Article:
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Simple Treasures

[ 0 ] Apr. 8, 2013 | lisacase

Blythe Jack saw an opportunity in the tween market niche. The veteran marketer who conducted research by walking malls, listened to her nieces and learned what was interesting to them so she could cash-in big.

This entrepreneur saw a wealth of opportunity in simple fortune-telling game.

By Chuck Green

Talk about a transition. After spending most of her career in venture capital, Blythe Jack now operates a company that focuses on products for “tweens,” or girls aged seven to 12 years of age.

Jack, who’d been interested in becoming involved in the operations side of a business, met the founders of a company called Cahootie, the modern-day reincarnation of the iconic, handmade “cootie-catcher” and “fortune-teller” games of the past, through an entrepreneur-of-the-year contest sponsored by Ernst & Young, for which she served as a judge. “While Cahootie wasn’t part of the group I was judging, it was a company I met at that event and the founders said they were looking for someone to take the business to the next level. They said they’d invented the product but didn’t have the capital or expertise of how to grow the business. Since I was looking to do something entrepreneurial myself, it was a good fit,” said Jack, who purchased the business with a partner.

“I thought it was a simple, yet elegant product in its design. I saw this as a chance to create an empowering concept between girls and steer their conversations toward empowering messages and self esteem-building conversation, opposed to what can sometimes transpire at that age.”

Jack had been tracking the tween market in general and watched “from my other career” as an investor in the consumer market the “homogeneity that tween girls tended to follow certain items. I noticed across time that the products that had mixed sensations from the standpoint of tween girl followings were the ones that were really simple and less than $10; something they could afford with their own spending money and that was collectible as well.”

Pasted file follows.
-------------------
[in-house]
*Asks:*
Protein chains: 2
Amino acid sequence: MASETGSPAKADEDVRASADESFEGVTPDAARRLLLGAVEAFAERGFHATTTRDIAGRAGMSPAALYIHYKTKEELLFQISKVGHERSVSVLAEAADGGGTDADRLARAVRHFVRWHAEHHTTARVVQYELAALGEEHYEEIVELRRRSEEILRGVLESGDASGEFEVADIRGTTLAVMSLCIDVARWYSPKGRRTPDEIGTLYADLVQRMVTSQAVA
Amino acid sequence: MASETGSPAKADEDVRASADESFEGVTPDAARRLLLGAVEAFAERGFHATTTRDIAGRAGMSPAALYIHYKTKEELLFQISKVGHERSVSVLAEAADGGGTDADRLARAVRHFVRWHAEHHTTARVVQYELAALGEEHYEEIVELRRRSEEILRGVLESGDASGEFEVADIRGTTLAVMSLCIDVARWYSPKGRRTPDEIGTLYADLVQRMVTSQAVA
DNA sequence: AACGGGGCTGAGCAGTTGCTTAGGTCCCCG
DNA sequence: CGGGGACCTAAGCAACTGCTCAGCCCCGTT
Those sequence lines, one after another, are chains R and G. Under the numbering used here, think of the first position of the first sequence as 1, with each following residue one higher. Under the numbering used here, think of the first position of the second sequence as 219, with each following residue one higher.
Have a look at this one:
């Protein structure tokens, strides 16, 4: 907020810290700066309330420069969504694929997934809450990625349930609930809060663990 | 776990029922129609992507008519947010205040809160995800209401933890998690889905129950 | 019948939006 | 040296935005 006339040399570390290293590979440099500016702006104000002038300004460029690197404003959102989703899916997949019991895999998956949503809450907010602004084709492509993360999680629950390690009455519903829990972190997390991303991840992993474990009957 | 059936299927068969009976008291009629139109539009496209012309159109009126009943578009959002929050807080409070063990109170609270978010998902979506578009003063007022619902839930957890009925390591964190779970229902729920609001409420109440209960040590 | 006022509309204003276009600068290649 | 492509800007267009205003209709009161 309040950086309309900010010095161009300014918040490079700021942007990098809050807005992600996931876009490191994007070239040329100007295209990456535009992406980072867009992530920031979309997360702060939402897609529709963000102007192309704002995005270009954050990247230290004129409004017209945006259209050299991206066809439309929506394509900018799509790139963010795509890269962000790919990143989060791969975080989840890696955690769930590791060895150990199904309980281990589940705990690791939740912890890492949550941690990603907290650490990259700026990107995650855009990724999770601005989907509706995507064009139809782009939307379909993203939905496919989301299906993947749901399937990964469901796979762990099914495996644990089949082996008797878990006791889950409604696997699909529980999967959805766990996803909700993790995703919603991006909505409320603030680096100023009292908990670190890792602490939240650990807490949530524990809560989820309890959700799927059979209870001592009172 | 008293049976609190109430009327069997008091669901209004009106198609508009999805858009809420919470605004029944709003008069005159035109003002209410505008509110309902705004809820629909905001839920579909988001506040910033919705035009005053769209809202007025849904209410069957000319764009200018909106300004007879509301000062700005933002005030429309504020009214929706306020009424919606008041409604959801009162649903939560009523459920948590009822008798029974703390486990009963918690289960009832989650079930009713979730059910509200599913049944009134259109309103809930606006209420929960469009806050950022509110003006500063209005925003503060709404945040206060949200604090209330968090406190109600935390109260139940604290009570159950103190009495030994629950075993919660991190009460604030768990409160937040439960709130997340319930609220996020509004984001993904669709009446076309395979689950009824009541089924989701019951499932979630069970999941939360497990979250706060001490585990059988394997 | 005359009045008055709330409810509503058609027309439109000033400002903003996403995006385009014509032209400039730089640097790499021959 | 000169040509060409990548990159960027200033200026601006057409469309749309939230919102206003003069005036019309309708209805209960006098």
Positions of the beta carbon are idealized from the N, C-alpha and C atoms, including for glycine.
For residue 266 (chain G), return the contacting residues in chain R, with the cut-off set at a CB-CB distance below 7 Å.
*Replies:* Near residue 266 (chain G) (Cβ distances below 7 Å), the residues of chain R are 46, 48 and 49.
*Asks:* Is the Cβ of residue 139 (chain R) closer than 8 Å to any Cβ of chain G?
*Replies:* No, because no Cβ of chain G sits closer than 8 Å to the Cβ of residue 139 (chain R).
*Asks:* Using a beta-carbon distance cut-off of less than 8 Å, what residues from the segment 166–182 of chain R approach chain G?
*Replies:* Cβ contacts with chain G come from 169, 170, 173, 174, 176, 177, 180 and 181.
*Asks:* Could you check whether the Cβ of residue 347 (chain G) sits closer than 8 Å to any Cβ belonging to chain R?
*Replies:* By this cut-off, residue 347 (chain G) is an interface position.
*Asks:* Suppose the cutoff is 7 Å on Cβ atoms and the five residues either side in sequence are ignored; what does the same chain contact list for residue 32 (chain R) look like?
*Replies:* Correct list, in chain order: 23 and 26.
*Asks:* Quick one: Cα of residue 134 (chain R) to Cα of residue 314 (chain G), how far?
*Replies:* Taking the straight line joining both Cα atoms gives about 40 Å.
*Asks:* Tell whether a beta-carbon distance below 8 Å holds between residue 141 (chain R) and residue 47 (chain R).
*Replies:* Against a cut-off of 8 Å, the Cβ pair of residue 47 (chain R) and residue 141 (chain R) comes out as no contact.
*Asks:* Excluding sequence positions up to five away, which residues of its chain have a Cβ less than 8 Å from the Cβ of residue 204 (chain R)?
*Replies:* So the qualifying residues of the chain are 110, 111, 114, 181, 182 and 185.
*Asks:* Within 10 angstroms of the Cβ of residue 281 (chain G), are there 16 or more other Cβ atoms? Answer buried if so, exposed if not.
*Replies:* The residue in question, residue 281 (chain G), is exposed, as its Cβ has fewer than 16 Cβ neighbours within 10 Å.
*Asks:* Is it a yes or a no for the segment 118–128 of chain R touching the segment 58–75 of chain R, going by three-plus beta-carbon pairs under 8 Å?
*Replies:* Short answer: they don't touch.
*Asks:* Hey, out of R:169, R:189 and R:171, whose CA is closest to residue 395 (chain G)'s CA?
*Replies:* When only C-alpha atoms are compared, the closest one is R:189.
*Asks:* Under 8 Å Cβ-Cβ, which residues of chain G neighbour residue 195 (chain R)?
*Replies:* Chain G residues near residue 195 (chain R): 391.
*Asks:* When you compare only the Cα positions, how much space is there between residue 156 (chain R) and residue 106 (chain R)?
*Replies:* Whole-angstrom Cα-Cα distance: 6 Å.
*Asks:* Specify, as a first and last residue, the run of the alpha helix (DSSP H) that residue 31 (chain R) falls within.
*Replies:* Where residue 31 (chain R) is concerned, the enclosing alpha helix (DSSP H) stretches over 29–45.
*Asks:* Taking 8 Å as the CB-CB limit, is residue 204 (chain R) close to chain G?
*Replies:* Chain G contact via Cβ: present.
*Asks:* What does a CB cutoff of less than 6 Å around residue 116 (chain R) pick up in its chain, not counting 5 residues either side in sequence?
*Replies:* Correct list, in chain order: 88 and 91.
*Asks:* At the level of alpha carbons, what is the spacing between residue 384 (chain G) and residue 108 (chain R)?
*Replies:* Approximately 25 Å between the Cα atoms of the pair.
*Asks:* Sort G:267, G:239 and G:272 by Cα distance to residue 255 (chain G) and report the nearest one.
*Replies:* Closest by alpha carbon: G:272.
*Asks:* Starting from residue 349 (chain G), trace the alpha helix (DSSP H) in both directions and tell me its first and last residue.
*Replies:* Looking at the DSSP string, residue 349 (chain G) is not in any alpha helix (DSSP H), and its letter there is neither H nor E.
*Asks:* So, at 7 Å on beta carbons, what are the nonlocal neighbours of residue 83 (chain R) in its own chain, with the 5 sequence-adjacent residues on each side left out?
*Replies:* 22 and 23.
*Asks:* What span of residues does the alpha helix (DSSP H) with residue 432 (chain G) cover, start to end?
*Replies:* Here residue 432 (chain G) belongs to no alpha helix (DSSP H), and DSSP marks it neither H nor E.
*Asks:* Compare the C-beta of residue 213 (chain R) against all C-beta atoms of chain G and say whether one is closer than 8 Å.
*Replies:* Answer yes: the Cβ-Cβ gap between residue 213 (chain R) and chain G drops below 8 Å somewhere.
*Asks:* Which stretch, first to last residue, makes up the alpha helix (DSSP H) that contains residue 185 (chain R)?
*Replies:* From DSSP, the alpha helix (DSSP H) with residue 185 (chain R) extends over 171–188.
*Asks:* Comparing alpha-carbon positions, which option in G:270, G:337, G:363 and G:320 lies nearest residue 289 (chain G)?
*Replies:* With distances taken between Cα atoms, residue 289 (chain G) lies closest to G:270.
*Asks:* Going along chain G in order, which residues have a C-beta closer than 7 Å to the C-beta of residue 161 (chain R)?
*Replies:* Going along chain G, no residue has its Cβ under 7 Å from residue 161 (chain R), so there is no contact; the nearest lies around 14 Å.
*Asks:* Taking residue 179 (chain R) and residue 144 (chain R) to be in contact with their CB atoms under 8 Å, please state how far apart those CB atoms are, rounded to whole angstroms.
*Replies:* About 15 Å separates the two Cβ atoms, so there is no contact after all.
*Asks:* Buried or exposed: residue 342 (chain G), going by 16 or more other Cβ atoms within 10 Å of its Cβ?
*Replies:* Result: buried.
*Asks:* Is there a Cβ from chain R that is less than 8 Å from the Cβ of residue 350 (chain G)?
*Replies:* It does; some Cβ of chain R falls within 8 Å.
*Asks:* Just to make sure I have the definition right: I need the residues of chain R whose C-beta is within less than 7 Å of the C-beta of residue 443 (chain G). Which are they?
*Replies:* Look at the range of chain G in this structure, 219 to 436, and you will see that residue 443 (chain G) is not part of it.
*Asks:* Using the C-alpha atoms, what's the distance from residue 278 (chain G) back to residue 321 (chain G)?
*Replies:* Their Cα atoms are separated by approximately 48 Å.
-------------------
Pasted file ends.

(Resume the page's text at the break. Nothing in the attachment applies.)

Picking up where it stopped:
One issue she had is the small market of about six million tween girls. “From the standpoint of retailers who reach those tweens, it’s even a much smaller market, albeit a very concentrated market from the standpoint of interests and likes. Consequently, trying to get to scale at retail can be challenging, especially given the thin product line,” she said. “But one nice thing about having a variety of themes, you’re able to create custom offerings and, given the price point, the impulse nature of it, we’re able to create entertaining offerings for a variety of retailers that might not otherwise carry a tween offering.”

While it can be difficult to get a foot in the door with retailers, Jack was fortunate to have come from a background where her network was “really very deep” within the consumer retail market. “I had a lot of relationships in my network” that were able to facilitate introductions, including to QVC, Old Navy and other retailers.